Additionally the Welsh Government currently funds a solicitor and a caseworker who are employed at Newfields, in Cardiff, to support with EUSS applications and appeals. Newfields does not do legal aid work but does undertake this element of publicly funded legal support for EU migrants in need of it. As above, Asylum Justice has only one full-time employee, and relies on freelance solicitors to undertake casework, while Oasis has one accredited caseworker. This is the extent of the non-legal aid workforce doing free and low-cost advice work in Wales.

The Welsh immigration Bar is very small and Welsh providers have to rely additionally on barristers travelling from England. The Bar Council’s ‘Demographic Dashboard’ figures show that only 7 barristers with a primary practising address in Wales have immigration as a main practice area, as of March 2022. All of these are in Cardiff. Not all will undertake legal aid or claimant-side work, though it appears that the Welsh immigration bar is less split into Home Office and claimant-side work than that in England. This total is down from 10 in March 2019, 9 in March 2020 and 8 in March 2021. There are 21 barristers with public law as a main area of practice and a primary practising address in Wales, almost all in the south. This is a significant increase, up from only 1 in 2019, 15 in 2020 and 19 in 2021, indicating that barristers are either expanding into public law or are increasingly likely to identify it as a core part of their practice. However, as discussed later in the report, there are few immigration public law challenges lodged in Wales.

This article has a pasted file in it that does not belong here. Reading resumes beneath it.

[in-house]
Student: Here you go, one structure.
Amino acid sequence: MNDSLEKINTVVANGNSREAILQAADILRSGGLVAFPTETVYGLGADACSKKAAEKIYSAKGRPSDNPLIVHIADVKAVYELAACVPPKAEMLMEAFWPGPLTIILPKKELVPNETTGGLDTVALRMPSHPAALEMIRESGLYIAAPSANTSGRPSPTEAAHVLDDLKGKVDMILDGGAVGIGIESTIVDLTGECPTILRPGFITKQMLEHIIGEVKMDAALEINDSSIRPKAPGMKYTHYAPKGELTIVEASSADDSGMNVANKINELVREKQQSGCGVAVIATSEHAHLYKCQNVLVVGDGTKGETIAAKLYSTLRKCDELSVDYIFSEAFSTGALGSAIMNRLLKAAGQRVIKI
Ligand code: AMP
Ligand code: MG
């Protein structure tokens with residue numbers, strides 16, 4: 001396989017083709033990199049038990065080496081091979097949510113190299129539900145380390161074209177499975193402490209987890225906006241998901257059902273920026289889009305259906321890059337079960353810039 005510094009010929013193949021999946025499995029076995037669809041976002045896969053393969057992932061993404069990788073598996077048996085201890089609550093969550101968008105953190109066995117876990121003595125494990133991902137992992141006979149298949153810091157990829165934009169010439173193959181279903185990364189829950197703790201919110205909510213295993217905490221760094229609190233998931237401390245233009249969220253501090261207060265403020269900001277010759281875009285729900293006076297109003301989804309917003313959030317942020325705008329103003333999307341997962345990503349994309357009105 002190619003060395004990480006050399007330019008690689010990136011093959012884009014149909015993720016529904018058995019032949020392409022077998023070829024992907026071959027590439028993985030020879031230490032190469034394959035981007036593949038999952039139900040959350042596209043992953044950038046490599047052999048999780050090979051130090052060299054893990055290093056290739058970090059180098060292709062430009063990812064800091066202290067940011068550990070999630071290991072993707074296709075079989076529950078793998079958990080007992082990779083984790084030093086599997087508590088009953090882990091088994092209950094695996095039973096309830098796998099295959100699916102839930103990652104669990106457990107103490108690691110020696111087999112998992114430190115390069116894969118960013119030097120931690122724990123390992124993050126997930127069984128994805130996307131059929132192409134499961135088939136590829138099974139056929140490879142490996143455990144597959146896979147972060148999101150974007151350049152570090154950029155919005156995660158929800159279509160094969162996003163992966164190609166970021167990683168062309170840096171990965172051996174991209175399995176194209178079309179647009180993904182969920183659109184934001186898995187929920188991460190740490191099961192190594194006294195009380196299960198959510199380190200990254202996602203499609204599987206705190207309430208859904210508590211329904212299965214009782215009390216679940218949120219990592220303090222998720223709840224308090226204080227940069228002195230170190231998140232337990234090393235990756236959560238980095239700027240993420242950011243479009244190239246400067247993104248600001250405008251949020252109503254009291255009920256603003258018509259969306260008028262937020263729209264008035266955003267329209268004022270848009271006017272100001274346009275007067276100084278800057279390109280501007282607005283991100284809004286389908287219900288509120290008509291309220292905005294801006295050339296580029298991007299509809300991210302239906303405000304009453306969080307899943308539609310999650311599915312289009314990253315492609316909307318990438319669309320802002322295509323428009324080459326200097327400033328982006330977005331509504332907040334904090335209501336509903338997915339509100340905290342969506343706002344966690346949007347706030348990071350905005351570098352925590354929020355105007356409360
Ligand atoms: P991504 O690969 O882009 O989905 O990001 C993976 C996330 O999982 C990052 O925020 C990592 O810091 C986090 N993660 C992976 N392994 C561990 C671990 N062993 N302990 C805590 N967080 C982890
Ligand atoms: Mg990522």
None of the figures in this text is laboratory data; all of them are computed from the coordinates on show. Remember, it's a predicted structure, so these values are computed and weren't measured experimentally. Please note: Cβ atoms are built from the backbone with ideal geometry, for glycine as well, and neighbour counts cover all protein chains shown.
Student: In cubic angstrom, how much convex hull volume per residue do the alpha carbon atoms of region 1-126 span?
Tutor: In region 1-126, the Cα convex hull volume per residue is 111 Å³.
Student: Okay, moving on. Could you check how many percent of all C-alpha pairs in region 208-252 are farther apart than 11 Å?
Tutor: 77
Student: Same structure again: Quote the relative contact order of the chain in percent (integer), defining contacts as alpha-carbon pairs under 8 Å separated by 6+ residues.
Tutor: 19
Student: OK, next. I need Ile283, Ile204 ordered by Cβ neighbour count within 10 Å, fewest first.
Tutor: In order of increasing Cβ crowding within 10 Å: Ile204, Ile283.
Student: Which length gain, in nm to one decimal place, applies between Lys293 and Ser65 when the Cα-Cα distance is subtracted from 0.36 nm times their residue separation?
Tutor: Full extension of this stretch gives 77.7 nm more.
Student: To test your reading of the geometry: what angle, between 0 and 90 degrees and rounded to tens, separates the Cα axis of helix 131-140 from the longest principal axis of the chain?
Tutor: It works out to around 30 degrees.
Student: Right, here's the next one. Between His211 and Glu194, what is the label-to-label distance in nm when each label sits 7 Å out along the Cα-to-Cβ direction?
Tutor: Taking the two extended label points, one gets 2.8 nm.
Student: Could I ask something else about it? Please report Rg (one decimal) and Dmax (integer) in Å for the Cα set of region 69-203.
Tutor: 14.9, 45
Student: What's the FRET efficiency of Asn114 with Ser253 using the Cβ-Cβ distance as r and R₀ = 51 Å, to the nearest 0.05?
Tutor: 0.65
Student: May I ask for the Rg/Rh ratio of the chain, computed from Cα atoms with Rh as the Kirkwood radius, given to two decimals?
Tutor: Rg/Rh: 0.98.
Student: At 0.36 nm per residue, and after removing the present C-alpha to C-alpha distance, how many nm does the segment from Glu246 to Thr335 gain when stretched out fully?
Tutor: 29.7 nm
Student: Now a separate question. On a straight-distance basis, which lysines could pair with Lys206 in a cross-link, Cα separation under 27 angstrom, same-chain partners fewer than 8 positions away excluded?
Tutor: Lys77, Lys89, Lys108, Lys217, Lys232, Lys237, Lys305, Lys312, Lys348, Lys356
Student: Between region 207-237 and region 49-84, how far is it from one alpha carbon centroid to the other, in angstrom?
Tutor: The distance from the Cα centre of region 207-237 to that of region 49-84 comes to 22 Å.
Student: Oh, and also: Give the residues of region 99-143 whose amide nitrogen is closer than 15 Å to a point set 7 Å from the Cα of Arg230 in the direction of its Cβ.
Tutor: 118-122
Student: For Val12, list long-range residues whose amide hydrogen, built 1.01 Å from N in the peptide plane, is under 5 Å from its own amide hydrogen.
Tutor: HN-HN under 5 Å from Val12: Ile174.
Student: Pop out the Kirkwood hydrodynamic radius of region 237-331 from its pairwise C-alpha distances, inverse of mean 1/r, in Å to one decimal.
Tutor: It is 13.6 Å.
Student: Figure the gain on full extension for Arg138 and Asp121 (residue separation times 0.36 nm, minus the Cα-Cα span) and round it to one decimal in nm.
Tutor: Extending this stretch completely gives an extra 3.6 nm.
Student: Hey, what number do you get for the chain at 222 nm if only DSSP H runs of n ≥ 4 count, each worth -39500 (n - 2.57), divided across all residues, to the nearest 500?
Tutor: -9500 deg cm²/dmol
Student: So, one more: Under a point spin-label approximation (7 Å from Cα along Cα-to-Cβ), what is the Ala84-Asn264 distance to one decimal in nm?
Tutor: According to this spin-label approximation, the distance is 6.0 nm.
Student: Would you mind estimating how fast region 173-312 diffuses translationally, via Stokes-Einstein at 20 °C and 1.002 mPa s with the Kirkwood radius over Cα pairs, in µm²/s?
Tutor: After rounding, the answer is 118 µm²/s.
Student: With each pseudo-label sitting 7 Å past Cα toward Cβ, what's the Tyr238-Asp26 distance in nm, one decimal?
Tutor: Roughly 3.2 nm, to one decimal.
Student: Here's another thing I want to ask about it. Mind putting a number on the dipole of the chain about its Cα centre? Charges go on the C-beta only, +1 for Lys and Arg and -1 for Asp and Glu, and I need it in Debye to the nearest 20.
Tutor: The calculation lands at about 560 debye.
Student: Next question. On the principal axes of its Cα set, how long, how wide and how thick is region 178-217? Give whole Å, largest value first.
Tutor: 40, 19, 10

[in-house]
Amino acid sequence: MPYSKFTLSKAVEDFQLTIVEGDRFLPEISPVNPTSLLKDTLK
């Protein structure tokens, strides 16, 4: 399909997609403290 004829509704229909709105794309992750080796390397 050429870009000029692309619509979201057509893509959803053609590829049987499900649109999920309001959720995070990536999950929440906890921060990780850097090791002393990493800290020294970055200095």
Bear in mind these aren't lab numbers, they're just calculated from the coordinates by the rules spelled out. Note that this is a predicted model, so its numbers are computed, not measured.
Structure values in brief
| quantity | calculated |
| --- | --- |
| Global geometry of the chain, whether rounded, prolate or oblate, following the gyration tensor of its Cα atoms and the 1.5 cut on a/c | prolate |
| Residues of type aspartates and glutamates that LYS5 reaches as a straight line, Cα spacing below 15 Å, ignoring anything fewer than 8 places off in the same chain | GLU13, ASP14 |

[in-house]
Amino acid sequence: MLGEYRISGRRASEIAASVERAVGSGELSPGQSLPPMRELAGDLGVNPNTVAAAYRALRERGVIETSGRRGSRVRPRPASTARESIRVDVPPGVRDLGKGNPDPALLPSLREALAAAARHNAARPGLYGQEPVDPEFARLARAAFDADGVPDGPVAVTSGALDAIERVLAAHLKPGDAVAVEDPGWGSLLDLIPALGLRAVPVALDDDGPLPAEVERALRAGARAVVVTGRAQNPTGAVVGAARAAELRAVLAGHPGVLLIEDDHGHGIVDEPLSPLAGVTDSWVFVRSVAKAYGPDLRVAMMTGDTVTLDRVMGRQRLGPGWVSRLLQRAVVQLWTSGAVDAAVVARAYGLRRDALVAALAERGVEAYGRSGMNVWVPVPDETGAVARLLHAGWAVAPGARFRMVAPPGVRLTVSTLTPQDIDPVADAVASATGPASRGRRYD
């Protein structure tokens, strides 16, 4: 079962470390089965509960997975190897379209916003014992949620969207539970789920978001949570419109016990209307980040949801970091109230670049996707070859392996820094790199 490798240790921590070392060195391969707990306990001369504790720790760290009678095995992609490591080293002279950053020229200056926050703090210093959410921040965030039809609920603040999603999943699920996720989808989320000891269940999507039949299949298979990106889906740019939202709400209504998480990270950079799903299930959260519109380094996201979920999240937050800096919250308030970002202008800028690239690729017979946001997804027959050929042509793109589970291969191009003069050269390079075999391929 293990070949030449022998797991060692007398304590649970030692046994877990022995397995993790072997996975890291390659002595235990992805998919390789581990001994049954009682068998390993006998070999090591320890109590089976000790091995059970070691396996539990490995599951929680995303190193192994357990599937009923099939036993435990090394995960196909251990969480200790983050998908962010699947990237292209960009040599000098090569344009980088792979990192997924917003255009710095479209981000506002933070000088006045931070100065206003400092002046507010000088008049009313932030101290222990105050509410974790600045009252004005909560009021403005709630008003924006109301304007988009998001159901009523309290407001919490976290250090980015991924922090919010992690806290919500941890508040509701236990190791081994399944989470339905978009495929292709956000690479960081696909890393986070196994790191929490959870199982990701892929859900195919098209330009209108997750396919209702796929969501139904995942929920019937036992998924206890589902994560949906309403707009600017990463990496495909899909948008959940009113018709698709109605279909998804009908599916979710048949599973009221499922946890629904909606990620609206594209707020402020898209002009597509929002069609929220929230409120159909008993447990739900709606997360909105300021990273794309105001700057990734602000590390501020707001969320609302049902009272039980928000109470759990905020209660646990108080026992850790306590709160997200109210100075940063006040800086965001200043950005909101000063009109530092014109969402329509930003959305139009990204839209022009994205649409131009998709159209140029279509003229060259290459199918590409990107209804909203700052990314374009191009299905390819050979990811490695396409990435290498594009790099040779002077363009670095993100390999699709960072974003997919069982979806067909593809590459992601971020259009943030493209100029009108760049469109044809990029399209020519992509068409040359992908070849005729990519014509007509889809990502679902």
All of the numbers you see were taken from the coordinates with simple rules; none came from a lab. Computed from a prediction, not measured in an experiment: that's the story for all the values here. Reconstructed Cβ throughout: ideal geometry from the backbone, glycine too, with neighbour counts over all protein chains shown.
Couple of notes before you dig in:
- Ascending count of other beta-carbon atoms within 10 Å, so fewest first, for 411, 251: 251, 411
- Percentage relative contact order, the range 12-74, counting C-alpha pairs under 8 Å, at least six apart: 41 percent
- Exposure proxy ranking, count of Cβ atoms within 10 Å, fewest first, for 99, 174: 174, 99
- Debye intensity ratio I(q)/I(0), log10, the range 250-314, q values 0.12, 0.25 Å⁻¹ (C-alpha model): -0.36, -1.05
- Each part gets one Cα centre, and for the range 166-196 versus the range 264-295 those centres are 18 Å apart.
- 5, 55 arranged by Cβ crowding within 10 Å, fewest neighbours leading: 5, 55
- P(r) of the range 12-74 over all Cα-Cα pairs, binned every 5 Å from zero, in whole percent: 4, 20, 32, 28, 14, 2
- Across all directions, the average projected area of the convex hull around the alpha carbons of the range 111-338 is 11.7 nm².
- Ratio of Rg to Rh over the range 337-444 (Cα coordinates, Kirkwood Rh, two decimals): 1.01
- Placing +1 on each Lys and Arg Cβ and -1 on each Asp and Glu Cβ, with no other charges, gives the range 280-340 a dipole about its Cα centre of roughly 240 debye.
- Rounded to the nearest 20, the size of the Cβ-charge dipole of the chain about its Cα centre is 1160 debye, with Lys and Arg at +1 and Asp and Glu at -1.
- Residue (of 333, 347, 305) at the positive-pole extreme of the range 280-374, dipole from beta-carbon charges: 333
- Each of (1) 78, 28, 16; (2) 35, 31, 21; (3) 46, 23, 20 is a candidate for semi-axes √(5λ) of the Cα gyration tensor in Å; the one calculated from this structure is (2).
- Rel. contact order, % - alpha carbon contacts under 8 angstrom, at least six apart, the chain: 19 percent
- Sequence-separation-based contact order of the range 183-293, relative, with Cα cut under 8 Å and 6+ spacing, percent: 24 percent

Caseloads and new enquiries

The purpose of collecting data on providers’ existing caseloads and four weeks’ worth of new enquiries was to give a much clearer picture of how much work they are holding at a time and the number, nature and geographical range of demand for their work, as well as illustrating the referral networks around each provider.

Provider 1 (P1) had a starting caseload on 28 February 2022 of 179 cases. Table 2 below shows the breakdown of those cases.

Table 2: Starting caseload for Provider 1, 28 February 2022

Type of case

Number of cases

Asylum Appeal


Certified Claim


Citizenship Application


Citizenship Application, Advice Only


DV Spouse Application


EU Settlement Scheme Application


EU Settlement Scheme Appeal


Fresh Claim


Fresh Claim/Trafficking


Further Leave Application


Settlement Application Indefinite Leave to Remain Application


Initial asylum claim


Initial leave application




Other, Criminal Charges


Other Family Reunion (Complex)


Refugee Family Reunion


Refugee and Complex Family Reunion


Travel document application




Clearly the largest demand comes from asylum appeals and fresh asylum claims. This is notable because these cases, at least the appeals, should qualify for legal aid, and P1 operates outside legal aid. At that time it also had a waiting list of 24 cases, comprising 99 fresh claims, 9 complex family reunion cases, 3 refugee family reunion cases, 2 further leave applications and 1 initial leave application. At the start of the data collection period, P1 had just reopened for new referrals, after a 6 month period of being unable to accept new referrals due to capacity issues within the organisation. This data is particularly useful as it indicates the gaps in legal aid provision, both where matters are out of scope and where they are in scope but unlikely to be taken on by legal aid providers, such as fresh asylum claims and exceptional case funding matters, because they are complex, long running or underfunded.